Benefits of Collaboration and Hands-on Learning

collaboration_handson 2   Educators in Ghent University, Belgium, looked at different modalities of teaching Occupational Medicine to fourth-year medical students. For the first year of the study, students received hard copies of case studies and had to hand in written assignments.  The following year group discussions and collaborations were added.  The last year of the study did away with the written assignments, but students encountered real patients as case studies.  Students were graded based on their written work as well as their discussion presentations.  Students who encountered the real patients found the sessions to be more valuable. In addition, the performance grades of the first cohort who did not have any group interaction were lower than either of the other groups. — Lee Ann Schein, Ph. D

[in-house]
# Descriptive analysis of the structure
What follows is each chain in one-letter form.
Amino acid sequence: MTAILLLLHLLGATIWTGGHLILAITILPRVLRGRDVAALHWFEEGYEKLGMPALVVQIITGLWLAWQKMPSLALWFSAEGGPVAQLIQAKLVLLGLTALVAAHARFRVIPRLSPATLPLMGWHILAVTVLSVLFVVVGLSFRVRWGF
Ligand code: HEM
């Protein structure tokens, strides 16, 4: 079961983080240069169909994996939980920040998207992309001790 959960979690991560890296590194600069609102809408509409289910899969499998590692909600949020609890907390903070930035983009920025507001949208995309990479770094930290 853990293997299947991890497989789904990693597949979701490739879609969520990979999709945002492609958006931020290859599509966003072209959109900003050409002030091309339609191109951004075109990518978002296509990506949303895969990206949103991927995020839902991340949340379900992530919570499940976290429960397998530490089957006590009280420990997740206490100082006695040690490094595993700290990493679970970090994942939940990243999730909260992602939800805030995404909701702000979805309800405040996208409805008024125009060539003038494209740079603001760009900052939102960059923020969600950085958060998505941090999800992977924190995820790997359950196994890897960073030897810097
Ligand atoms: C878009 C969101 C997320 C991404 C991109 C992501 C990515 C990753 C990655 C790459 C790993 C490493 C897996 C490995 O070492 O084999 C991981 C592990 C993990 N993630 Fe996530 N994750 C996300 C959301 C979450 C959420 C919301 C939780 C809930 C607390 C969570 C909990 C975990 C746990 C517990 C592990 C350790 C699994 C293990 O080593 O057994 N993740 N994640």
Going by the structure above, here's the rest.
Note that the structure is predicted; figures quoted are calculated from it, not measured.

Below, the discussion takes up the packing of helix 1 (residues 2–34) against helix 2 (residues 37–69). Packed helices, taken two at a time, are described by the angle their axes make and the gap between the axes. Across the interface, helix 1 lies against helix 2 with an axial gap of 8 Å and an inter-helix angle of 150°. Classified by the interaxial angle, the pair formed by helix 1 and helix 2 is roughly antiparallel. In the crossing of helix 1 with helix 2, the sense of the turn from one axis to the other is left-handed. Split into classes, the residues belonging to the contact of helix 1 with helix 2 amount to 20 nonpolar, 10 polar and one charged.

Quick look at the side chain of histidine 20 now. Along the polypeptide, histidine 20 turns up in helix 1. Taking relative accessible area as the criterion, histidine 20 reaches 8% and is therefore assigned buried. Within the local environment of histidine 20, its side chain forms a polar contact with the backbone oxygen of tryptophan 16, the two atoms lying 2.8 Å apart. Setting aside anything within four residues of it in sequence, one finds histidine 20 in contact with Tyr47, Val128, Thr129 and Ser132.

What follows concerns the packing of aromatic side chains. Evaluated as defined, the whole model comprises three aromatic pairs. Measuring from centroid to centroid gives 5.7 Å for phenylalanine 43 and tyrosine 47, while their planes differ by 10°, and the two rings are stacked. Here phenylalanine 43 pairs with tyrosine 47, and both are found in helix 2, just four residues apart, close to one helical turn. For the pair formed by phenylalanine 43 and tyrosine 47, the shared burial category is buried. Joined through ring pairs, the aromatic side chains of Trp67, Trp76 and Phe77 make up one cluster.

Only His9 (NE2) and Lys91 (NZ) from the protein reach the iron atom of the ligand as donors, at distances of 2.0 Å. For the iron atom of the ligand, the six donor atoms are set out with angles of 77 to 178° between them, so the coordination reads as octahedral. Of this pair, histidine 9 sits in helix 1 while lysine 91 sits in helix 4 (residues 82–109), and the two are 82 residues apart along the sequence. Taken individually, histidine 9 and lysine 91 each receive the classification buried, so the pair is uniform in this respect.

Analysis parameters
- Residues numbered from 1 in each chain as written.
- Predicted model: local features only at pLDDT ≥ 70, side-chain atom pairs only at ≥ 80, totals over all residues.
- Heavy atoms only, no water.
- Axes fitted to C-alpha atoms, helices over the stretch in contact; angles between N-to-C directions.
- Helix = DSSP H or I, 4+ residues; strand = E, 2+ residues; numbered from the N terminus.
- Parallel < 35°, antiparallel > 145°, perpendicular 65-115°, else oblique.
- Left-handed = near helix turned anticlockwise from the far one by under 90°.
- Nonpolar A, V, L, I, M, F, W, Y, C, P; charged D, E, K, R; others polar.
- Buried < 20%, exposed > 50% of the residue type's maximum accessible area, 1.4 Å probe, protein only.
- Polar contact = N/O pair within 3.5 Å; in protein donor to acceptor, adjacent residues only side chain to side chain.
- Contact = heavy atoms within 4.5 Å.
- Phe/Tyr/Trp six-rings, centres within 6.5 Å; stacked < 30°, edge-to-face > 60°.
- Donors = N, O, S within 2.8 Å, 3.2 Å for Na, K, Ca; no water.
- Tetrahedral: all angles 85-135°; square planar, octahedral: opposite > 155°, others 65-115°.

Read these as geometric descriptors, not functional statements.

Braeckman L, ‘t Kint L, Bekaert M, Cobbaut L, Janssens H. Comparison of two case-based learning conditions with real patients in teaching occupational medicine. Med Teach. 2014 Apr;36(4):340-6.

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